That’s all impressive in itself. But when you take into consideration that this is the first time solar power has ever been used to create these ‘supercritical’ levels on this scale – traditionally only ever reached using the burning of fossil fuels – the real worth of this achievement begins to sink in.
Solar thermal, or concentrating solar power (CSP) power plants have traditionally only ever operated at ‘subcritical’ levels, meaning they could not match the efficiency or output of the world’s most state of the art fossil fuel power plants.
Enter our team and their Advanced Solar Steam Receiver Project. To prove that solar thermal technology can match it with the best fossil fuel systems, they developed a fully automated control system which predicts the heat delivered from every mirror (or heliostat), allowing them to achieve maximum heat transfer, without overheating and fatiguing the receiver. With this amount of control, they were able to accurately recreate the temperature and pressures needed for supercritical success.
So instead of relying on burning coal to produce supercritical steam, this method demonstrates that the power plants of the future could be using the zero emission energy of the sun to reach peak efficiency levels – and at a cheaper price.
While the technology may be a fair way off commercial development, this achievement is a big step in paving the way for a low cost, low emission energy future.
The $5.68 million research program is supported by the Australian Renewable Energy Agency and is part of a broader collaboration with Abengoa Solar, the largest supplier of solar thermal electricity in the world.
For media inquiries, contact Nick Kachel on (02) 4960 6270 or email@example.com
A decades-old problem in predicting Irukandji blooms has been solved by a team of our scientists, and the results could directly benefit northern Australia’s community and its tourism industry.
Last year we wrote about a new Irukandji forecasting system that Dr Lisa-ann Gershwin and her team were testing in northern Queensland.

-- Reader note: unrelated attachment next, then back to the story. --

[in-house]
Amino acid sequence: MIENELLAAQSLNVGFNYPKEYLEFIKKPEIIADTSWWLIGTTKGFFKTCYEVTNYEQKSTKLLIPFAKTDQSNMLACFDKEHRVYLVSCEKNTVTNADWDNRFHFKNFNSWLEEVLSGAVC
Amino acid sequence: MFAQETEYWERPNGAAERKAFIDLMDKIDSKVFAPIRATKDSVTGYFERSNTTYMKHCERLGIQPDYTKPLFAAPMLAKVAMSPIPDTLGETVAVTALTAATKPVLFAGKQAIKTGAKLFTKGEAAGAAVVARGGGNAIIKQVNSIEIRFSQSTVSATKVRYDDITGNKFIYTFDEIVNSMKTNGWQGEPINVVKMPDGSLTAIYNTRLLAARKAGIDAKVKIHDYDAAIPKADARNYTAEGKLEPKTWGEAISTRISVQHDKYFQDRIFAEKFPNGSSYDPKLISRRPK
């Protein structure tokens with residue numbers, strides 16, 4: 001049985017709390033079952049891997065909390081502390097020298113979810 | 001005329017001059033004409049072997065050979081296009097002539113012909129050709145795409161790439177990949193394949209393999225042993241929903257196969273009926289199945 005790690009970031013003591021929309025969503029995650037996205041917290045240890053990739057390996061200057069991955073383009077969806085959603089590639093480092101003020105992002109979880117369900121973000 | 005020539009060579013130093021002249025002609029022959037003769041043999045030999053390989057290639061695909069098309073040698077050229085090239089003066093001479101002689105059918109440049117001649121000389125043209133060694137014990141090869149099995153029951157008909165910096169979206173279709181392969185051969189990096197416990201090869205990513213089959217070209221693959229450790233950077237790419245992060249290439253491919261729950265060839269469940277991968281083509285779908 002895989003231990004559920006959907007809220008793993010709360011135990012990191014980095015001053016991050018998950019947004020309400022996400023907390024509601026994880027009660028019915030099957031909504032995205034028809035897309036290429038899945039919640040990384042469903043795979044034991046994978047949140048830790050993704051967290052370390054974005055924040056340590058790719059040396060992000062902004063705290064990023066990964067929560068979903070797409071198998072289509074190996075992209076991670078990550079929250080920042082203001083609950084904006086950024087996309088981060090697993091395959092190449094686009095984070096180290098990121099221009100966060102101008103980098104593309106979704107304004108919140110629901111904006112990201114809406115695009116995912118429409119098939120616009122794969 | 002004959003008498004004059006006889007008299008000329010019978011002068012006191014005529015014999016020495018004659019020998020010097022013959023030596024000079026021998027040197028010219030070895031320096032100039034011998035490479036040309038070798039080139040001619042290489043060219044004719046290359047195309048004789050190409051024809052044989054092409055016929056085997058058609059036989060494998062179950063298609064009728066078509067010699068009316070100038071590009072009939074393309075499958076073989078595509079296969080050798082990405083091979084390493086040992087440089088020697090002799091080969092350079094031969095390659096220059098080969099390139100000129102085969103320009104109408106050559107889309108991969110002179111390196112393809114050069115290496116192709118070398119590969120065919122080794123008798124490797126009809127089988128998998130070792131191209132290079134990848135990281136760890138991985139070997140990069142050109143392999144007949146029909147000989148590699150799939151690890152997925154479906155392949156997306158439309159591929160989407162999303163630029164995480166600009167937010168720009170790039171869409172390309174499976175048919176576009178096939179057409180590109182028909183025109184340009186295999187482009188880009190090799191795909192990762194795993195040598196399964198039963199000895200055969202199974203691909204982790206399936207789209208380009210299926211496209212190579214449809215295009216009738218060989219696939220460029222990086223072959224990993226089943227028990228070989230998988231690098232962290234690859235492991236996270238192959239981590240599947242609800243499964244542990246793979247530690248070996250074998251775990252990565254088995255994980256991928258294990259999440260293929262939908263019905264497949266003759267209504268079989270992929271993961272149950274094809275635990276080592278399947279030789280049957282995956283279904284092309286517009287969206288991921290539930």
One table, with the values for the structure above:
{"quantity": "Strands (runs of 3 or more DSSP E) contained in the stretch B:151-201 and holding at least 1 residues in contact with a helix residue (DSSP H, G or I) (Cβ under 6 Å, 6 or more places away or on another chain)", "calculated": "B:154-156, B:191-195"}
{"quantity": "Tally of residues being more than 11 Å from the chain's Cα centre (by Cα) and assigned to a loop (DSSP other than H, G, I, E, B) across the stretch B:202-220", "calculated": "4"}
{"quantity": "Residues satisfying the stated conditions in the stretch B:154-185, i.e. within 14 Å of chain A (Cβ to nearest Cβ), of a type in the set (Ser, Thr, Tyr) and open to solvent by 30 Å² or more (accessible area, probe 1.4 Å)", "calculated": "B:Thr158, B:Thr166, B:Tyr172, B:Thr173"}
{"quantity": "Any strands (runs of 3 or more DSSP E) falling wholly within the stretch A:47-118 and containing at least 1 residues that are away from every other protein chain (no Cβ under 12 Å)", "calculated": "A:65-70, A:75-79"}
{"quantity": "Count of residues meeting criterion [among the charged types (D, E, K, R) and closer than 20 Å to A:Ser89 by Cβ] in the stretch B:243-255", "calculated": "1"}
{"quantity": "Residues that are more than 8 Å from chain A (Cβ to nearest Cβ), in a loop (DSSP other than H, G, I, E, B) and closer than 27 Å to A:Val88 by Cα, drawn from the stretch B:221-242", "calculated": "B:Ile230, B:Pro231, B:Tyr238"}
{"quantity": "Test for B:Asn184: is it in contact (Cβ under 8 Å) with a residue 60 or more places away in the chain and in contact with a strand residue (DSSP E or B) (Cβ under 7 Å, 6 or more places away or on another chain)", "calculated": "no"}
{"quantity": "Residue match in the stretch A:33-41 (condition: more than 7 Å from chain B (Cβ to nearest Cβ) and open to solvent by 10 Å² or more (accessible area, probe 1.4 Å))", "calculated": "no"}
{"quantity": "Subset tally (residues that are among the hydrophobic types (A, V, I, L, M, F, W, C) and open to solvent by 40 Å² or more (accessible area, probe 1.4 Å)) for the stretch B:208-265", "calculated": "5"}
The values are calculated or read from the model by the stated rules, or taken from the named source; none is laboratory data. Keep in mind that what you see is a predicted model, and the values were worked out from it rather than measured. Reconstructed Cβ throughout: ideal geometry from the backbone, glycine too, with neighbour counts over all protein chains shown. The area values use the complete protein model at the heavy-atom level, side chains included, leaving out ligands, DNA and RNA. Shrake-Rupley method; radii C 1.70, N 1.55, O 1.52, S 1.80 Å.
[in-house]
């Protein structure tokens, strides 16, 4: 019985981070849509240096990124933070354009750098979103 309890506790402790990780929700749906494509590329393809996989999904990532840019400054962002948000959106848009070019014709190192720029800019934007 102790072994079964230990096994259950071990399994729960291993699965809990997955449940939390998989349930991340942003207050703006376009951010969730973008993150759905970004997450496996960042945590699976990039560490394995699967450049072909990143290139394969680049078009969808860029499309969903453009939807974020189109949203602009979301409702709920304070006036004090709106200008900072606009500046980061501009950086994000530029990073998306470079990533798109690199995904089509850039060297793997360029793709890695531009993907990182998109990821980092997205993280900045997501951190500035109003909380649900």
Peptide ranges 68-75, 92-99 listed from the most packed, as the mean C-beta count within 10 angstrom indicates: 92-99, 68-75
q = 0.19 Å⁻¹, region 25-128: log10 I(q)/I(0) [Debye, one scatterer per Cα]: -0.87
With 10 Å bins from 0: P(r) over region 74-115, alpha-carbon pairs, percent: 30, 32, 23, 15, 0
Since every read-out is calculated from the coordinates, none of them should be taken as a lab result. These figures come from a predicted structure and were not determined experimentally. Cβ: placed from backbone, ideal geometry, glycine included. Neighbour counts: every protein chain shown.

The team were looking to prove a link between Irukandji blooms and weather conditions, based on a hindcast of previous Irukandji stings and correlating weather records, so that they could accurately predict future blooms.
In a paper published today in the Journal of the Royal Society, Lisa-ann and her team have presented their findings, which demonstrate a clear link between Irukandji blooms and trade winds – or lack thereof.
Says Lisa-ann, “We know that Irukandji blooms generally co-occur with blooms of another invertebrate, called salps. We also know that salp blooms are triggered by upwelling, which in northern Queensland is driven by subsidence of trade winds. Sure enough, when we investigated we found a clear connection between recorded Irukandji ‘sting days’ and days when there was little to no trade wind present.”
Around Palm Cove, a beach near Cairns where the tests took place, the southeast trade winds are the dominant wind most of the time. These trade winds cause a net downwelling pressure that pushes the water downward and out to sea. However, when these winds begin to ease in the summer months, an upwelling occurs. It is these upwellings that Lisa-ann and her team believe transport Irukandji to the top of the water column – and on towards shore.
Finding this elusive key to Irukandji bloom prediction has been a long process.
“More than 70 years worth of work has gone into trying to accurately predict Irukandji blooms, and I myself spent 18 years attempting to establish a link,” says Lisa-ann
“It wasn’t until I came to CSIRO and collaborated with my co-authors, who are ecological and oceanographic specialists, that we made the connection.”